Inevitably, I will start with the second season of the War Talks at the PCL talk series which commences later this month. The establishment of the Series has been perhaps the greatest achievement of my career; in 2017 the eminent speakers who gave their time without recompense spoke to hundreds of people in the historic Prince Consort Library, Aldershot, and I’m hoping to build on that success in 2018.  The Series is booked up until May 2018; I am hoping to book more speakers after that, however, there is a strong possibility that the Library may be closed for restoration over the Summer, and I will be forced to find a new, temporary venue.  The other news on the War Talks front is that I’m looking to record the Talks in future and upload them to the Web.  In a related project, I am hoping to re-invigorate the British Army Military Book of the Year Prize this year and have a model which, like the Talk Series, is at no added cost to the MoD, representing a significant saving to the Department; I will Blog on this subject when I have the appropriate permissions.  Finally, I am planning two Study Days at Prince Consort’s Library, one on behalf of HQ Regional Command, and another in conjunction with Mr Simon Bendry, the organiser of the government’s School Childrens’ Battlefield Tours which promises to be a fabulous opportunity for teachers and children.

The School Children’s Battlefield Tours have been running since 2014 and I have been lucky enough to have been involved in the delivery of them since 2015.  I am hoping to provide support to three tours this Spring, including a first outing as a Battlefield Guide in February.  I am also hoping to Guide on a special tour on behalf of 7th Infantry Brigade in March, which will take BAME students out to France and Belgium to examine the role of the Indian Army on the Western Front in the First World War.  I have a real passion for taking children out to the Western Front both to counter some of the rather unfortunate mythology surrounding the Great War, and to use my experience in the British Army to help the students understand both the organisation today and what it feels like to be a soldier on operations, albeit in a wholly different context.  My interest in the First World War is lifelong, but was really engaged by my MA in Military History; whilst I have extracted an article from my dissertation for the Air Power Review (April 2017), I intend to write a wider article for the British Journal of Military History on the full MA dissertation in 2018.  The BJMH will also publish my first Book Review in February.  I have plans for a further article on bayonet training in the Victorian Army but that will have to wait until the Summer!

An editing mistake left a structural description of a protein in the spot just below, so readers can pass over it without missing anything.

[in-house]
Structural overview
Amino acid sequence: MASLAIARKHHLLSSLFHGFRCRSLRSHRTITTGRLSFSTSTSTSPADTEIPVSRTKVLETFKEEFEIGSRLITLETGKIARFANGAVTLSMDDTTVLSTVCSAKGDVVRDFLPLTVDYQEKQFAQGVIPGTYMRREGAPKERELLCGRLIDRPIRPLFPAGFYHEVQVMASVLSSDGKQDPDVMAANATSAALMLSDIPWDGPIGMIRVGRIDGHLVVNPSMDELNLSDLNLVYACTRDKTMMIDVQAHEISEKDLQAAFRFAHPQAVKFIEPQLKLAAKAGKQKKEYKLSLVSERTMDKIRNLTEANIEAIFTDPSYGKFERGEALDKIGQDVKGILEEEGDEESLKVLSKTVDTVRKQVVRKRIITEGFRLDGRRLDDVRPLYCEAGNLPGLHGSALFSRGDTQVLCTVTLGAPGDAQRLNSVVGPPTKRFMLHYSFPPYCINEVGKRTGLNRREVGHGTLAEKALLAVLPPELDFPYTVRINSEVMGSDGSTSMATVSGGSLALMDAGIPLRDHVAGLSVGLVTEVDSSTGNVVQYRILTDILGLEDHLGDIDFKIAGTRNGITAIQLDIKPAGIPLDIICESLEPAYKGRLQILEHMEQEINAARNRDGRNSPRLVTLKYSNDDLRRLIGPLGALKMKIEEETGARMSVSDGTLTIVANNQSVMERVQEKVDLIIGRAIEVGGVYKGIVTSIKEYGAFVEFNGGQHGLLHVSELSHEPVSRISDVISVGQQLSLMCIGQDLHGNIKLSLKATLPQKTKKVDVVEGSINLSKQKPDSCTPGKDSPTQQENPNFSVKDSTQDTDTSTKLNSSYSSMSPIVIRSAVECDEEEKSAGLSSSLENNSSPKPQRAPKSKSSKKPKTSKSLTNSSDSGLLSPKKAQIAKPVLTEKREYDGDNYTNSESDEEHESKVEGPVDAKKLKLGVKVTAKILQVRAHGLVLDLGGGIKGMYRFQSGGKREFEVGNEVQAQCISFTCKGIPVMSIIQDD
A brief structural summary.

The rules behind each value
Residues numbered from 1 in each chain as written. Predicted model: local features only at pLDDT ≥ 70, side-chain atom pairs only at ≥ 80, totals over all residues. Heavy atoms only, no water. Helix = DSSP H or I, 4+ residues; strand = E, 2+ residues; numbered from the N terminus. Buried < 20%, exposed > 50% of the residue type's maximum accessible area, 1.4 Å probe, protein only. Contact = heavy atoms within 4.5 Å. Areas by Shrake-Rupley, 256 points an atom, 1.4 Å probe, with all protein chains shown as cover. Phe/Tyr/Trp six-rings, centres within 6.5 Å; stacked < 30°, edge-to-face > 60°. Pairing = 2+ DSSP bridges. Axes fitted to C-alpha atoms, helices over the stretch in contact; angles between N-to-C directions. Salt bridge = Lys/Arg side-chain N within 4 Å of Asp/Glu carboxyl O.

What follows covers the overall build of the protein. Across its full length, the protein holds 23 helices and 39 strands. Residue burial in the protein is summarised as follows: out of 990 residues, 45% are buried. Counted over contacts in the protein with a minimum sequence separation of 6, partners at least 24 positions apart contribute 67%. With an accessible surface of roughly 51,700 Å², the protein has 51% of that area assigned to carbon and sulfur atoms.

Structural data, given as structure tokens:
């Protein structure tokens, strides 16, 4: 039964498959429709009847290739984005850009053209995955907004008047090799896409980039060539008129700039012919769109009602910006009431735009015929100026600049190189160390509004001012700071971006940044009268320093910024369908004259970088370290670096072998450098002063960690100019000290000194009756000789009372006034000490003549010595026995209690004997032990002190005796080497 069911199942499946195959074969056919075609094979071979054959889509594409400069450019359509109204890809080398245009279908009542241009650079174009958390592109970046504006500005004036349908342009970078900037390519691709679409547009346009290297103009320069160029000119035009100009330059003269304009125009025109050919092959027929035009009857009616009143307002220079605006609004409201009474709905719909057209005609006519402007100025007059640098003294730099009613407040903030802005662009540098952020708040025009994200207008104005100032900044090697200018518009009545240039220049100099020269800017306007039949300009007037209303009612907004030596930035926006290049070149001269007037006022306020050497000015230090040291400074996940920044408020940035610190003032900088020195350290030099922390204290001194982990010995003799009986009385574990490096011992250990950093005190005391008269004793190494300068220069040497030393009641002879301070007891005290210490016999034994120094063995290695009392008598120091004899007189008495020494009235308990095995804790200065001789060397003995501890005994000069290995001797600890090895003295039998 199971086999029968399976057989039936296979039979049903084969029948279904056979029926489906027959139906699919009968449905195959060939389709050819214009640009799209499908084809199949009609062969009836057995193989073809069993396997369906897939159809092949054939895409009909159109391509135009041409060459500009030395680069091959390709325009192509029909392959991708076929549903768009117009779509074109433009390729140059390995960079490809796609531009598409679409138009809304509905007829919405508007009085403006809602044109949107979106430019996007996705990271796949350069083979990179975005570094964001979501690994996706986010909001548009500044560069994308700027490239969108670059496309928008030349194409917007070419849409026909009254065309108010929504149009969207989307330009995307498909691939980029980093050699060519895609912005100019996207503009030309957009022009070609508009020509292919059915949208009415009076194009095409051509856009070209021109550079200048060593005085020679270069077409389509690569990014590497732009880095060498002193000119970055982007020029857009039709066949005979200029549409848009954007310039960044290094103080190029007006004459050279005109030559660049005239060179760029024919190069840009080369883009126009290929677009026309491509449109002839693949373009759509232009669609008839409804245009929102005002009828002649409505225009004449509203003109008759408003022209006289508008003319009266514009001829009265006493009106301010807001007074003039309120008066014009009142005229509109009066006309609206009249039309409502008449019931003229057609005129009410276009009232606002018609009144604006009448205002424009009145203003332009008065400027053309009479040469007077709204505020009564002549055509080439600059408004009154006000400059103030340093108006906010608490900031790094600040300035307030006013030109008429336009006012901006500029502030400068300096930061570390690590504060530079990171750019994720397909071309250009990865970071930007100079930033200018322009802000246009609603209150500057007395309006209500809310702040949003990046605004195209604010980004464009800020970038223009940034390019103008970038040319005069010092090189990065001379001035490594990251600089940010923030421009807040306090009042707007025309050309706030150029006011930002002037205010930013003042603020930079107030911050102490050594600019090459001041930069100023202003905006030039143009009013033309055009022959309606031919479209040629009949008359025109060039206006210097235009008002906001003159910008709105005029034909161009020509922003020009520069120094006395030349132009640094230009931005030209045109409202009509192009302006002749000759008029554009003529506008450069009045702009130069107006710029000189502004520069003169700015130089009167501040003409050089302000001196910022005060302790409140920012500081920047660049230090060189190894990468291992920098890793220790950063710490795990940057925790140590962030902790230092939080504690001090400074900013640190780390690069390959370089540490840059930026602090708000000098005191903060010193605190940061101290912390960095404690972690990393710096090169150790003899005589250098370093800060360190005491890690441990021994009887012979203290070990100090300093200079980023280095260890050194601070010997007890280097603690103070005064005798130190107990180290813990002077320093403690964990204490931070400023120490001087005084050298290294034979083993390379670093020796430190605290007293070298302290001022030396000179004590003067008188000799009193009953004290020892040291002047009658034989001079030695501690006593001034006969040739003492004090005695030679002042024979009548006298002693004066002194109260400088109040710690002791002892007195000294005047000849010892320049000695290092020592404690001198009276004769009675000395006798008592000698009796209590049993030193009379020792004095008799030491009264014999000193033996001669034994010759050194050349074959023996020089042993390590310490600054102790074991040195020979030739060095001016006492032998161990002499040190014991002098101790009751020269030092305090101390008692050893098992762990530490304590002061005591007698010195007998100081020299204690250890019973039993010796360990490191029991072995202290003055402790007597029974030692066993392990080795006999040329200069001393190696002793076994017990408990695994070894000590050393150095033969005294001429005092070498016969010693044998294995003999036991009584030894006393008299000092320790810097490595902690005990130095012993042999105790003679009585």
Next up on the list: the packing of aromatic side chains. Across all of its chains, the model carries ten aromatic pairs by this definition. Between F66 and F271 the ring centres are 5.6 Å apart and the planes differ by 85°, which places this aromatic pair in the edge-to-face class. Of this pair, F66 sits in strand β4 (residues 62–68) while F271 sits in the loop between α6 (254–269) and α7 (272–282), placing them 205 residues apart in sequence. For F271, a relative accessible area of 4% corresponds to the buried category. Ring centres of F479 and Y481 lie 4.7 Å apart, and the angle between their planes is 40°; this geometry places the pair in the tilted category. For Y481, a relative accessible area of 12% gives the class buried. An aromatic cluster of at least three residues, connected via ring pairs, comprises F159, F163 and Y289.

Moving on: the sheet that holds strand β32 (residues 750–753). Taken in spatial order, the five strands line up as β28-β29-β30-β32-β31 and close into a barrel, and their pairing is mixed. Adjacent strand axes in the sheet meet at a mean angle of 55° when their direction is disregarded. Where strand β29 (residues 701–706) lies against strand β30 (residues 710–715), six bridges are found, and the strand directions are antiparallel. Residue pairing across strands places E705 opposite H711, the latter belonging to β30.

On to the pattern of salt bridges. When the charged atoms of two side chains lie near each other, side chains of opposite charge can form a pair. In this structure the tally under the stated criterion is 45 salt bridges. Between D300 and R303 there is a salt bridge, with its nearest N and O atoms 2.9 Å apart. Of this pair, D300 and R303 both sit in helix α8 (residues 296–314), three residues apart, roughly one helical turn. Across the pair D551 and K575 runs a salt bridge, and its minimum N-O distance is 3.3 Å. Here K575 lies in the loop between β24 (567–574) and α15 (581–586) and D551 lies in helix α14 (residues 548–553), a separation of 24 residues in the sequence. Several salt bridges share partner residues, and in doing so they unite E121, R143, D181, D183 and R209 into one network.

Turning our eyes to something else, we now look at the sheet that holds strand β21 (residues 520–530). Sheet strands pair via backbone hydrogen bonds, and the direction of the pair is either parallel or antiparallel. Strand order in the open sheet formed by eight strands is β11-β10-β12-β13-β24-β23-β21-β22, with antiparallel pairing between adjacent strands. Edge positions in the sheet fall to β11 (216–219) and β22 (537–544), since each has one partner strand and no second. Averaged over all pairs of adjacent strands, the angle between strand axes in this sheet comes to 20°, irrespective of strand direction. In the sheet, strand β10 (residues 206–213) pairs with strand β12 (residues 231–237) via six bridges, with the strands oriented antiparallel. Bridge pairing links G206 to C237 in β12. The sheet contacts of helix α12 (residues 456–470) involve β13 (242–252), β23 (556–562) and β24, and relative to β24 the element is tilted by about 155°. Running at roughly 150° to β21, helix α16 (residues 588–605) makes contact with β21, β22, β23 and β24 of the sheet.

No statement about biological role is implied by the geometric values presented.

The biggest change for me in 2018 will be the assignment in September to be the Army Visiting Fellow at RUSI.  This tremendous opportunity, will see me working on a paper on behalf of the Army at RUSI whilst helping to build a closer relationship between both organisations on behalf of CGS.  I am really excited by this move and the other doors it has opened for me.  Perhaps the biggest is writing a Think Piece on behalf of my academic sponsors at Shrivenham on the subject of ‘Adaptability in the Future Force Concept’; I will be working on this paper until June, it promises to be challenging, interesting, and to keep me busy until summer leave.  There are a few other bits and bobs on the go currently, not least of which is the eminence grise of a PhD proposal, but I’ll talk about later in the year.  I have the small matter of being a Warrant Officer in the Army to contend with too, but look at the opportunities the Army has afforded me!!  Whatever the press may say, ‘Be The Best’ is an appropriate tagline for the most professional Army in the World and I intend to try my hardest to be just that!

Happy New Year in 2018

Barney